I have grown up with the story myths taught and non-stop misconceptions explained throughout my entire childhood and teenage hood (and even after having kid). I’m sure I’m not the only one because all these things have been passing down from generations to generations. Some make sense and other don’t, but as Khmer kids, we simply got used to it. We seemed to believe in almost everything that was passed down, as science was not widely known or been broadly educated or advanced. Now, all those things become naked to me, and when I look at some of them, I sometimes laugh about how weird they are. Let’s have a look those myths and misconceptions and how it may or may not scientifically be explained.
1. Don’t eat lying down like crocodile: But seriously how do elders know crocodile can sit up and eat?? That’s totally non-sense, isn’t it? It’s scientifically revealed that eating lying down is worse than eating sitting up or standing up – a vertically correct posture. Eating lying down can lead to bad indigestion, slower absorption of carbohydrates and increase the risk of developing gastroesophageal reflux disease (GORD). Though it was believed to be fashionable in ancients, but it was also pointed out the laziness within the powerful and wealthy people. How comes Khmer elders couldn’t never tell us the truth in direct words/ways?
2. Don’t sleep higher than elders, or Ta Phrum waters (hot) congee water over your head, and you become bald: In Khmer culture, we have a lot of norms around elder people. I believe this is just a lying norm that elders want kids to respect them. Traditionally, sitting higher than elders are considered to be rude or misbehaved. Thus, same goes to sleeping manner.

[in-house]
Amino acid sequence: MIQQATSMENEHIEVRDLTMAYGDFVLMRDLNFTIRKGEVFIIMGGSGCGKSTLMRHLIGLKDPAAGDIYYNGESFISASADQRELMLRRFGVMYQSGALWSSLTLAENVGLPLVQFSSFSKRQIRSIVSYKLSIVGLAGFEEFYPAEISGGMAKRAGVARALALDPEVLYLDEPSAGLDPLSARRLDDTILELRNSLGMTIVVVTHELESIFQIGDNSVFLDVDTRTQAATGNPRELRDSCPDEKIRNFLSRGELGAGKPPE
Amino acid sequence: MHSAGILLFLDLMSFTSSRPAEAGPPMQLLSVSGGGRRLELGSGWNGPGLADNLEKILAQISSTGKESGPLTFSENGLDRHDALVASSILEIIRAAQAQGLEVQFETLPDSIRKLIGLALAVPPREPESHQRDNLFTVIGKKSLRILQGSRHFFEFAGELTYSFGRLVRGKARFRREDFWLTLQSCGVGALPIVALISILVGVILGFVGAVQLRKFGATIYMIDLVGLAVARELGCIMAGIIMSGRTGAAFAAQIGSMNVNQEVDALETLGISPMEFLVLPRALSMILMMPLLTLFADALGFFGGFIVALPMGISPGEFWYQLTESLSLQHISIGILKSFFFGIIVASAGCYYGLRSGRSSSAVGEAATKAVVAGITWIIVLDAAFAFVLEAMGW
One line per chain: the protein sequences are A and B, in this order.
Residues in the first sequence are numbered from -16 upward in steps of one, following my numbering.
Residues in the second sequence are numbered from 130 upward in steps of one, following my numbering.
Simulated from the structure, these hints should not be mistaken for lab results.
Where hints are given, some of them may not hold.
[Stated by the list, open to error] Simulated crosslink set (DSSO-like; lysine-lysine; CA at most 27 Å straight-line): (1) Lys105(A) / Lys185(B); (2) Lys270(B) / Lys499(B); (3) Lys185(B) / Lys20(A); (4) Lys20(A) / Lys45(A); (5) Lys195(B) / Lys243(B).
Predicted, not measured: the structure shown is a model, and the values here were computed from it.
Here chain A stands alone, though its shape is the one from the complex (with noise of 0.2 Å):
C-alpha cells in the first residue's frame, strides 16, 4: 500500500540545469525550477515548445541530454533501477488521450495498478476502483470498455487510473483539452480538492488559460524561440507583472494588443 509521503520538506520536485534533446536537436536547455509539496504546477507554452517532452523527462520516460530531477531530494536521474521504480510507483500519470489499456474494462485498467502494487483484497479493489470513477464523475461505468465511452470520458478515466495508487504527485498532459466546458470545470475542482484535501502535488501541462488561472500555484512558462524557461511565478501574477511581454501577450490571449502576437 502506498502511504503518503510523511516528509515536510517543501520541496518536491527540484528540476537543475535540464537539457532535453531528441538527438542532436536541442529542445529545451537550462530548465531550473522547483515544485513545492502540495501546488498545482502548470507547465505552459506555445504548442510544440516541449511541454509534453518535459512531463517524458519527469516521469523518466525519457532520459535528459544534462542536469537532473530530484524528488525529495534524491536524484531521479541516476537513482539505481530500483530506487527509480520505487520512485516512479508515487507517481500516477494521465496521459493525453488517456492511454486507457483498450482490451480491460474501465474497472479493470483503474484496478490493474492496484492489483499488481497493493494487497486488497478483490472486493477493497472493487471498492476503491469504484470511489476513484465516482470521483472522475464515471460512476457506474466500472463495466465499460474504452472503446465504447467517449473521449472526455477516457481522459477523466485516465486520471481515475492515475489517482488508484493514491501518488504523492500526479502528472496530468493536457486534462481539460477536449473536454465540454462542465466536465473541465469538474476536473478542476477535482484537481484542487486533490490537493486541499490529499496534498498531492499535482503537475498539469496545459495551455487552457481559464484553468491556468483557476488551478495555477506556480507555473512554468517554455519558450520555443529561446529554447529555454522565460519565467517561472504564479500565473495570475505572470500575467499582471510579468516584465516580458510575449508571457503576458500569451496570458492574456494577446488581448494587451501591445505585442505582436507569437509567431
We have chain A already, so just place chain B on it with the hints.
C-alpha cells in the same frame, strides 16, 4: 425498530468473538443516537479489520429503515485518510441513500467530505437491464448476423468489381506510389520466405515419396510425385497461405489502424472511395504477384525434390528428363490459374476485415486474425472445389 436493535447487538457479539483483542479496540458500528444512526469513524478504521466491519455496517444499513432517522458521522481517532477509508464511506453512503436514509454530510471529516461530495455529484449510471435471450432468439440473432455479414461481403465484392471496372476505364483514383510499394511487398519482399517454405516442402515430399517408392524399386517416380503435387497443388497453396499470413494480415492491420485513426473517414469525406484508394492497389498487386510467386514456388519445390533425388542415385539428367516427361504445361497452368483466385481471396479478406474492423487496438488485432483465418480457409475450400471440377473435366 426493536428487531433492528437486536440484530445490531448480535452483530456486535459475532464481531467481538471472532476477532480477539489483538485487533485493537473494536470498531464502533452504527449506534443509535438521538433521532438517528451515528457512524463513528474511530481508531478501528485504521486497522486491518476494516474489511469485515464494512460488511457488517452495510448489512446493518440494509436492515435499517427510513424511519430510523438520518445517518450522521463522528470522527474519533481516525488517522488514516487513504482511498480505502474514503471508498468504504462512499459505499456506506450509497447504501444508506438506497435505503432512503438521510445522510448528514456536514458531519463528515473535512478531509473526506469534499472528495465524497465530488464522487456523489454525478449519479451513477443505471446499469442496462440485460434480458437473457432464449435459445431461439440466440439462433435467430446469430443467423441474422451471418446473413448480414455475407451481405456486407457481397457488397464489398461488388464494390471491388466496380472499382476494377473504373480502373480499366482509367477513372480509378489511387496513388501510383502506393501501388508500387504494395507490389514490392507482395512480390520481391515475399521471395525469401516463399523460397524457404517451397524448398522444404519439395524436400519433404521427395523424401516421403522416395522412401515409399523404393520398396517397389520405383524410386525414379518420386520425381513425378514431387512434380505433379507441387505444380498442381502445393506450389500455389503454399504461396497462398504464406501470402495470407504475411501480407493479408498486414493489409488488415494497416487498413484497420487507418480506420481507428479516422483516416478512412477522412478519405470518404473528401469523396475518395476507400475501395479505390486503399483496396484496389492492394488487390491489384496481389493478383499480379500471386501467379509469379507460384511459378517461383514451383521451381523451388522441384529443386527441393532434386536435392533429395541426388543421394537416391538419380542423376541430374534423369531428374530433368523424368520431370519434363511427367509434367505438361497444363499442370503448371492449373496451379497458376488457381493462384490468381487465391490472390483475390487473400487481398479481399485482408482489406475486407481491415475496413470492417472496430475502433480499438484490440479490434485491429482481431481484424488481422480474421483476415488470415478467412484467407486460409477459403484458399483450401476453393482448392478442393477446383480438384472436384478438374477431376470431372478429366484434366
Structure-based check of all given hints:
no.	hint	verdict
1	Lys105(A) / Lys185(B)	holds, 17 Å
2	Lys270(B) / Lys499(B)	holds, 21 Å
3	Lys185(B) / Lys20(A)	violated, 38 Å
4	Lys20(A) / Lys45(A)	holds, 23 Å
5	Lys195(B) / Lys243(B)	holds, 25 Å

3. Eating chicken wings will make you fly, (or eating fish tail will make you swim): To my assumption, at that time chicken wings were simply considered just small tips of bony areas, which were not much nutritional. Imagine if we had the whole chicken with family, I wouldn’t happy either to have just only wings – I would expect at least for a drumstick. In that sense, if I’m not wrong, elder people were working hard outside the house or taking a majority of responsibilities in the house, while the kids were staying home learning or helping bits of pieces in the house. Rather than having food fight with kids, elders simply came up this lying to trick them to eat those wings in peacefully calm manner. I still remember in the past, chicken was like a luxury meat for food – expensive and not commonly available. I’m sure that’s because we didn’t have any sort of large scale farms or import yet, but we only had family-size scale, where my family raised them too. People also didn’t have much creative recipe with chicken wings, which are now the best parts for me (like KFC wicked wings 😋, YUM). This misconception or superstition is similar to the one in Korea saying ‘giving your husband wings to eat will make him fly away’. Yeah, the fish tails are considered the same thing to chicken wings.